Evolutionary Programming

Stoicism
Our brain is a perfect machine, built for an ancient world. We evolved not so that we could have a good life but so that we would be more likely to survive and reproduce.
Indeed, an individual who is utterly miserable but manages, despite his misery, to survive and reproduce will play a greater role in evolutionary processes than a joyful individual who chooses not to reproduce.
 
A lot of what the Stoics point to can be read and explained with our current understanding of evolutionary programming:
  • our tendency to experience anxiety and insatiability is what made us survive in a world of scarce resources,
  • even the fact that we find it pleasant to gain social status and unpleasant to lose it can be translated in the chances of survival by being part of a group or not.
 
Not being part of a group reduces our chances of survival, it is therefore likely that we are descendent from people that survived because this social trait, and we carry their legacy today as well. We now know with our vastly increased knowledge of the brain, that there is an element of our thoughts that is dependent on chemistry, that means that  “our-selves”, as the mind controlling the ship, are in part influenced by our DNA.
 
If we translate the Stoics advice with our current understanding of the brain, we can use our reasoning ability to conclude that many of the things that our evolutionary programming encourages us to seek (which was thought to be Gods’ design by the Stoics) , such as social status and more of anything we already have, may be valuable if our goal is simply to survive and reproduce, but aren’t at all valuable if our goal is instead to experience a fulfilling life.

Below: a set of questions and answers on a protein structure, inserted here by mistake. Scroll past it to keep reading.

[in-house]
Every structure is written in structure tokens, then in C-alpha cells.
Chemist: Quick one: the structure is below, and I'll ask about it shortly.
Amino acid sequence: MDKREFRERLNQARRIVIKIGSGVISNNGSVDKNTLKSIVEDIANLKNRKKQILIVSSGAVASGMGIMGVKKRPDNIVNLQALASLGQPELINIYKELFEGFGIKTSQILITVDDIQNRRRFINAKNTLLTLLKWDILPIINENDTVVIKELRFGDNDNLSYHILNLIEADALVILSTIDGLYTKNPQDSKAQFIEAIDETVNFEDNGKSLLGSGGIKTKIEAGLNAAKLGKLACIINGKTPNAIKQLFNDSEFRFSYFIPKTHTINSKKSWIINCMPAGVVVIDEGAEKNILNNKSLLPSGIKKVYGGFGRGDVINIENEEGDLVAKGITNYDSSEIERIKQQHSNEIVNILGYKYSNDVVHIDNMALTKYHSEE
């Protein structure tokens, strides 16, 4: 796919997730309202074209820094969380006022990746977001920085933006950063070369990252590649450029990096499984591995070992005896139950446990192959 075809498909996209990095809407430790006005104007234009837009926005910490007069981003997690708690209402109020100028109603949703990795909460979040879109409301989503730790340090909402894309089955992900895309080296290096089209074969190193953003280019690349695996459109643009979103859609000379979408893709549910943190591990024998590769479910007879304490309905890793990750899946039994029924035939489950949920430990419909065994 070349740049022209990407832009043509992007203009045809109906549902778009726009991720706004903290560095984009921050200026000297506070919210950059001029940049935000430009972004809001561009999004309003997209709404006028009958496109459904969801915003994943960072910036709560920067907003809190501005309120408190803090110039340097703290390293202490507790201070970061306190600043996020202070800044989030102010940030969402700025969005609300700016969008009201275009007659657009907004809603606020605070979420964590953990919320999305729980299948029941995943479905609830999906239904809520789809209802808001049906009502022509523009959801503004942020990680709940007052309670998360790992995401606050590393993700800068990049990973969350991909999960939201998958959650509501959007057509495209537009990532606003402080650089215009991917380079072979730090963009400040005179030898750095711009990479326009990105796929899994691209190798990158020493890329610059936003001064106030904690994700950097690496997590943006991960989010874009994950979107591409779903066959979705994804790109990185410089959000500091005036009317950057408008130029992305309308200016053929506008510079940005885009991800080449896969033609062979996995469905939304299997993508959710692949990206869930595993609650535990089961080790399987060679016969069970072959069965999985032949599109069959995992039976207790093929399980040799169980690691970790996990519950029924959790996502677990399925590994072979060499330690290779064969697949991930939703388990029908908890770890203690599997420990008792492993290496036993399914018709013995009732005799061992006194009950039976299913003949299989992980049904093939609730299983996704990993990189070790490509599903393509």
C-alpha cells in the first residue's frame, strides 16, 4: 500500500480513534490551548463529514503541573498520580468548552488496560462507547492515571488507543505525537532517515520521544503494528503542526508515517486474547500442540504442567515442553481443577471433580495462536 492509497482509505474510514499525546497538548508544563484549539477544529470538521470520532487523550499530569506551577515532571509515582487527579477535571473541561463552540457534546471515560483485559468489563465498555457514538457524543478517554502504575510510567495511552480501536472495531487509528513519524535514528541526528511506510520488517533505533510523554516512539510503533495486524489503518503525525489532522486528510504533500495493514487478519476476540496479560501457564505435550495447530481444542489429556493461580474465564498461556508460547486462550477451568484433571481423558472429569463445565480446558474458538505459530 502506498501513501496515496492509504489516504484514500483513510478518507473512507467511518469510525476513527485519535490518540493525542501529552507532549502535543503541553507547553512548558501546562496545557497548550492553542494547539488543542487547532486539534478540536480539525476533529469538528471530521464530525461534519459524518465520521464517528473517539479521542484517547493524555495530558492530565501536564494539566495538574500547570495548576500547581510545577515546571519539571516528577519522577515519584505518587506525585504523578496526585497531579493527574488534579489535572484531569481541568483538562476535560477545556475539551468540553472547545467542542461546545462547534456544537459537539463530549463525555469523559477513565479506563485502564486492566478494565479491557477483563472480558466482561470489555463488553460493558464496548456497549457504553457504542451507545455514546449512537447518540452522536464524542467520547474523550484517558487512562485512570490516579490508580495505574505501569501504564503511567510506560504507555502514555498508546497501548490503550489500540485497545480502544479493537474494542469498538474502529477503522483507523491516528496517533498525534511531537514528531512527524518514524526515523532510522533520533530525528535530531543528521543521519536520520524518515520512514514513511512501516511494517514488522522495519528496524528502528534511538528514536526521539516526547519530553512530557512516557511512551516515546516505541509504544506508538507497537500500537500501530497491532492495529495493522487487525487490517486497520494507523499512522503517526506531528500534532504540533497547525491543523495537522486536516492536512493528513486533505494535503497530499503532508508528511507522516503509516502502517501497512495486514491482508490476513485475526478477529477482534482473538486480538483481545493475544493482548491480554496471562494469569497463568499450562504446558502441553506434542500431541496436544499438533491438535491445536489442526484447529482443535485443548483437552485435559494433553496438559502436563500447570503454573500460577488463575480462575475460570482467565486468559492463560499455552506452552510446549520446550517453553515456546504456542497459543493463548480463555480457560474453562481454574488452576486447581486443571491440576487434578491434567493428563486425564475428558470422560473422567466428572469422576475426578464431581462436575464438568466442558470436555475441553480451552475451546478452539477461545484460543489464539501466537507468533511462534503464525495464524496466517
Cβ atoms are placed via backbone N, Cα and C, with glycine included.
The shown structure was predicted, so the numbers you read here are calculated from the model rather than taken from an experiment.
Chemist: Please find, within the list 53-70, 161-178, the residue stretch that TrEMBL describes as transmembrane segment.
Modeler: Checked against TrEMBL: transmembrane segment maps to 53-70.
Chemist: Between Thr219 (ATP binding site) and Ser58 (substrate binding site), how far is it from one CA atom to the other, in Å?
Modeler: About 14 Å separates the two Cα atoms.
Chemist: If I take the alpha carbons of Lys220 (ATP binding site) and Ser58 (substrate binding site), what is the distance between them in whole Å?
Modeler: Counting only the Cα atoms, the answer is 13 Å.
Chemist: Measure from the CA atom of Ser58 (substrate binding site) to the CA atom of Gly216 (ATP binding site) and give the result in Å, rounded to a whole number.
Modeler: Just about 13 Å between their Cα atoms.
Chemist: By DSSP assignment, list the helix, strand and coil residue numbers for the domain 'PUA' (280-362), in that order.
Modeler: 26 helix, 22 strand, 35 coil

In the last century, technology advancements allowed human being to progress exponentially, and although our evolutionary programming helped us flourish as a species in the past, it has in many respects outlived its usefulness.  It is important to be aware of our evolutionary autopilot, given a lot of what we do is driven by it, and some of it, most of the time, is counterproductive.
 
It is important also to know that everybody else share this legacy, which means that to thrive in the current state of the world we need to exploit this knowledge to avoid our autopilot make us miserable, but also understand that our actions will likely trigger reactions in everybody else’s autopilot.

Comments are closed.